Forty Years discussed on On Point with Tom Ashbrook | Podcasts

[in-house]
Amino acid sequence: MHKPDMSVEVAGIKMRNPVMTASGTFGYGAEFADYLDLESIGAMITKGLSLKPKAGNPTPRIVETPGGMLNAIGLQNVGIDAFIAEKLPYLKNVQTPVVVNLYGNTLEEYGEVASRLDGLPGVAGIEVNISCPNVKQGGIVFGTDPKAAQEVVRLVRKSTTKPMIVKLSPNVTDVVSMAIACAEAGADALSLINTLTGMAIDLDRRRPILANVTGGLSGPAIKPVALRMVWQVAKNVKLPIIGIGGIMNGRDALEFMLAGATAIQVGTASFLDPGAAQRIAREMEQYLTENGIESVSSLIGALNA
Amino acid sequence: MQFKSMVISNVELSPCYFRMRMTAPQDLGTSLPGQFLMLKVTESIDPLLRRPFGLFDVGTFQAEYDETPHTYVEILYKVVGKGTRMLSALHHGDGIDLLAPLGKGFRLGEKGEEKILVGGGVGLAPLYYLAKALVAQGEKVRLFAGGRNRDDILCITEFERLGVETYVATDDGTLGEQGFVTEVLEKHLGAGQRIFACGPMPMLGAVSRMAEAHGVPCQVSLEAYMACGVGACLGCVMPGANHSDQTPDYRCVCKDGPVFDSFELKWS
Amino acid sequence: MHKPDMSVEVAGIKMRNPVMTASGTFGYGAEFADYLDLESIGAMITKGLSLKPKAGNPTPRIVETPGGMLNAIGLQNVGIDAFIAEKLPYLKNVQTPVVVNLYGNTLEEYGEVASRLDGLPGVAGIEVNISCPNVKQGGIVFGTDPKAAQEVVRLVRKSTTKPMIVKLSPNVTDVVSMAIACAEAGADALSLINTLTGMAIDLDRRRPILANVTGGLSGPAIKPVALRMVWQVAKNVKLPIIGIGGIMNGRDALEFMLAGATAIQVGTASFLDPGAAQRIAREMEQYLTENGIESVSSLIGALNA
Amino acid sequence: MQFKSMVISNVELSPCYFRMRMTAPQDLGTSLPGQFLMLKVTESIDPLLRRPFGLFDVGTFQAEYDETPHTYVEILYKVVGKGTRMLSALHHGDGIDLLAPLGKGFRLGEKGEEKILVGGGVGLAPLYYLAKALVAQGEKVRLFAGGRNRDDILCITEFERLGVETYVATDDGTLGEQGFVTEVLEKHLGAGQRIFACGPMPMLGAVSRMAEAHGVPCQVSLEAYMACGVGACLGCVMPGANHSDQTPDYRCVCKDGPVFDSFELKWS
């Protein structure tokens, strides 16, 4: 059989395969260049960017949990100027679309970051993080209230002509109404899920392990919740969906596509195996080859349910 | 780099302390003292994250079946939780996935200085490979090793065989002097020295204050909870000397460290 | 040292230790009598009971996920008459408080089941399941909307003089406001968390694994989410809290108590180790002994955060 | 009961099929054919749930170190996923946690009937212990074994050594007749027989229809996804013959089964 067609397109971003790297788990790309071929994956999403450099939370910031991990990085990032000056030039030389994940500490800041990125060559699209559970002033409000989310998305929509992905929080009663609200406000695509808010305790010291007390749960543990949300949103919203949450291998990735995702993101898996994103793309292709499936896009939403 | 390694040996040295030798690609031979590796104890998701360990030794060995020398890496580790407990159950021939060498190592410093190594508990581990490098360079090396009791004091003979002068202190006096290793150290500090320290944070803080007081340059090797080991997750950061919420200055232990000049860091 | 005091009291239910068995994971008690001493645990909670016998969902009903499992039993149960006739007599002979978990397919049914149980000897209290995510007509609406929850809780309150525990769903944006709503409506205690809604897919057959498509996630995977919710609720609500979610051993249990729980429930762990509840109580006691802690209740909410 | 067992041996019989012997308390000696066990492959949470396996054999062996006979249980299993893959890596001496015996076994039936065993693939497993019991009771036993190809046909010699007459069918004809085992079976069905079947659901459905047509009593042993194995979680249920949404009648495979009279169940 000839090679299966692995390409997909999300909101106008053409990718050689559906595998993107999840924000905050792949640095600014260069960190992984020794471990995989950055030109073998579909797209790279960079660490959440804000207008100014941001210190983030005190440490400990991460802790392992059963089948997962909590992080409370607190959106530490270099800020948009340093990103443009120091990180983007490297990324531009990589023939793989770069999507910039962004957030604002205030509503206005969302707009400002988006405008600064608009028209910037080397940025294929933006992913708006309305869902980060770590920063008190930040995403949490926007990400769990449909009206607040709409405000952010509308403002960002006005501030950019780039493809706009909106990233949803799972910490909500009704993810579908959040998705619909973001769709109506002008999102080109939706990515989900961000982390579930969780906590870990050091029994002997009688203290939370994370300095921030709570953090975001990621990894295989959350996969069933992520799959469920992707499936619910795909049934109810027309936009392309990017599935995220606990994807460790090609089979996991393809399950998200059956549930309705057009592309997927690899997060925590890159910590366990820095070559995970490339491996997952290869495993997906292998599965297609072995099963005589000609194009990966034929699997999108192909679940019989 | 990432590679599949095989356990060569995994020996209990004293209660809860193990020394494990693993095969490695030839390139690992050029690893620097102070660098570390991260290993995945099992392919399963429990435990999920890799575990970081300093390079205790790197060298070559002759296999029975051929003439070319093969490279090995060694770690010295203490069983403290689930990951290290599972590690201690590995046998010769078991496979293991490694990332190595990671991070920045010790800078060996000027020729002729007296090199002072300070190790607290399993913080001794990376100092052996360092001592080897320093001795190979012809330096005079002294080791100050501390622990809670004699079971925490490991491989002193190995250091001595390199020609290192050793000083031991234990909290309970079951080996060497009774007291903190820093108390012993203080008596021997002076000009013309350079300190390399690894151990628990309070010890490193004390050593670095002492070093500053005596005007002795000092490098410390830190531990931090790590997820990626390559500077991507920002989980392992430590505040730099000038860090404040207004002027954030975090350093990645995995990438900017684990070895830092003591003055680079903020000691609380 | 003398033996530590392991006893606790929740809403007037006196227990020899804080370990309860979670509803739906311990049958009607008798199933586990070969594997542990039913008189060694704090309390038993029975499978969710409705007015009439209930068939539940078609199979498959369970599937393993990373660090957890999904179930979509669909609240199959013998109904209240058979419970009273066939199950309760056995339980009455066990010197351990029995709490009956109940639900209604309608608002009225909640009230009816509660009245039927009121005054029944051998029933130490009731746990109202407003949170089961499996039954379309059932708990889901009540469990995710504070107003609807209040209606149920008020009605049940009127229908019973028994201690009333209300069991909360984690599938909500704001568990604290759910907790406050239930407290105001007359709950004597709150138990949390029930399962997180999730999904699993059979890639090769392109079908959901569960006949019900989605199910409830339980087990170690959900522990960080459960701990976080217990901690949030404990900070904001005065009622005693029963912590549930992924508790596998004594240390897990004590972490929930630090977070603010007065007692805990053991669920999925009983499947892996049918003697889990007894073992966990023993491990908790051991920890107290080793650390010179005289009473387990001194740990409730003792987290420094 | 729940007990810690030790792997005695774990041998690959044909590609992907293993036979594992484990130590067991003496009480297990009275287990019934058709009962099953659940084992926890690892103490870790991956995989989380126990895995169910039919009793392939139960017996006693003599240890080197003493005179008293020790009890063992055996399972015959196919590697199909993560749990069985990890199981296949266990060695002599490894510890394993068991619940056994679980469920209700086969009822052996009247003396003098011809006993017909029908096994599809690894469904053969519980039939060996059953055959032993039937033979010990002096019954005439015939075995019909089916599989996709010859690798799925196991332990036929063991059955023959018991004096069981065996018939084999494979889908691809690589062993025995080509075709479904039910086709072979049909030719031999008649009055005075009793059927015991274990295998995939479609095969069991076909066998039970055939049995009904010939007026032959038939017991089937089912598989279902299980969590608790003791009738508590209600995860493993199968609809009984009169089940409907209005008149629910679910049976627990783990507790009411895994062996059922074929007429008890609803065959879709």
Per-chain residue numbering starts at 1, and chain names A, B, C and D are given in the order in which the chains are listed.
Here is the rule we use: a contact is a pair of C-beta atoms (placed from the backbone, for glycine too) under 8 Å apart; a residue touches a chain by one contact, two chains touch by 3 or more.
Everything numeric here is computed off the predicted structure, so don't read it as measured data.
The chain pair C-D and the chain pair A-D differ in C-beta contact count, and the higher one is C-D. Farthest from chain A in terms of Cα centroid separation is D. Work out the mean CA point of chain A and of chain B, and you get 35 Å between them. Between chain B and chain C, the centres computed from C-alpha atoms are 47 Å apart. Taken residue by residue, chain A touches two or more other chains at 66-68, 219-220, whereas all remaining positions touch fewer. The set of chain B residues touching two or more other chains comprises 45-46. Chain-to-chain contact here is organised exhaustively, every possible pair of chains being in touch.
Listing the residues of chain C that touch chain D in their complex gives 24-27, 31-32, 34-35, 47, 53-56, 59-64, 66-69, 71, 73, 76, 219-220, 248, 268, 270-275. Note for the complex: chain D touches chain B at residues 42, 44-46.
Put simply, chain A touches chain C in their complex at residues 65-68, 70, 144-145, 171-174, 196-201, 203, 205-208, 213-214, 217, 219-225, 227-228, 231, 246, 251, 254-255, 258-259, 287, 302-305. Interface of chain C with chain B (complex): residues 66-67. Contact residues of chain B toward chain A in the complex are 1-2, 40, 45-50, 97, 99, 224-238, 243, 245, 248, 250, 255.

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A little bit more about that well you know thinking about what you're caller was saying about how she said it connects to her parents listen to this music and the way i prefer to think of this i prefer i prefer to think of rock enroll as a form of folk music you know like dylan springsteen they were both acolytes of woody guthrie and the folk music tradition it's an oral tradition it's a tradition of passing music down it's almost against the pop music which is very of the moment and a federal and in the idea of folk music is that these are songs that mean something that you hand down from generation generation it's sort of there's a there's a sense of cut and cut nudie to it or the continuum again that i was talking about and i think that was rock and roll because like when you talk to rock musicians young musicians like interview a lot of young singer songwriters who are like in the early twenties and they all love bruce springsteen they all love bob dylan they continue to draw on that music in the same way that those guys drew on music that was thirty or forty years before their time and i think there's a real beauty in that you know that we all stand on each other shoulders and we acknowledged what came before us but there's a there's a power in sort of taking something that's from tradition and putting your own spin on it and adding to a conversation that extends throughout the ages in and and when i was in a music that's what i hear and i think that's a really beautiful thing i want to talk to you about in just a minute or two that we have left some of the new rocknrollers that you like in your book you write that the best writer of rock and roll songs on the planet as a funny and keenly observed australia named courtney bar net so let's listen to a little bit of her decide kids when you thank courtney barnette their steven hyden what do you about well i love you pick like the noisiest song by the way i should say that she has sung much more melodic than that but you know she you know look if you love classic rock because of the lira schism because of the melodies because of the personalities corny brunette has all that one package plus she has her haircut counts keith richards and gimme shelter and she plays left handed guitar like jimi hendrix and paul mccartney so you can see echoes of other rockstars when you see her on stage but you know she if she was putting records in the seventies we'd be hearing them classic radio today so you pose a really interesting question right at the end of the book you have a sort of subheading it says how long does classic rock have and you know i take it your conclusion i mean you in a way you've answered this in many many different ways but lives on in so many ways right yeah and you know i'm always curious about like how these artists will live on after they're gone you know we're certainly hologram tours happen where they live on sort of digitally that way you know are we going to see more trivia bands are we're going to see sort of repertory orchestras playing classic rock music in the way that we did the great composers of of centuries past i i'm very curious to see what happens because who knew that the rolling stones would still be touring at this age absolutely no so so after they're gone who's to say what's going to happen you know maybe this musical still be on the road i'm very curious to see what happens we'll stay tuned for that steven hyden author of twilight of the gods journey to the end of classic rock thank you so much for joining us today really appreciate it is my pleasure let's go out with led zeppelin this is on this is on point time anthony brooks

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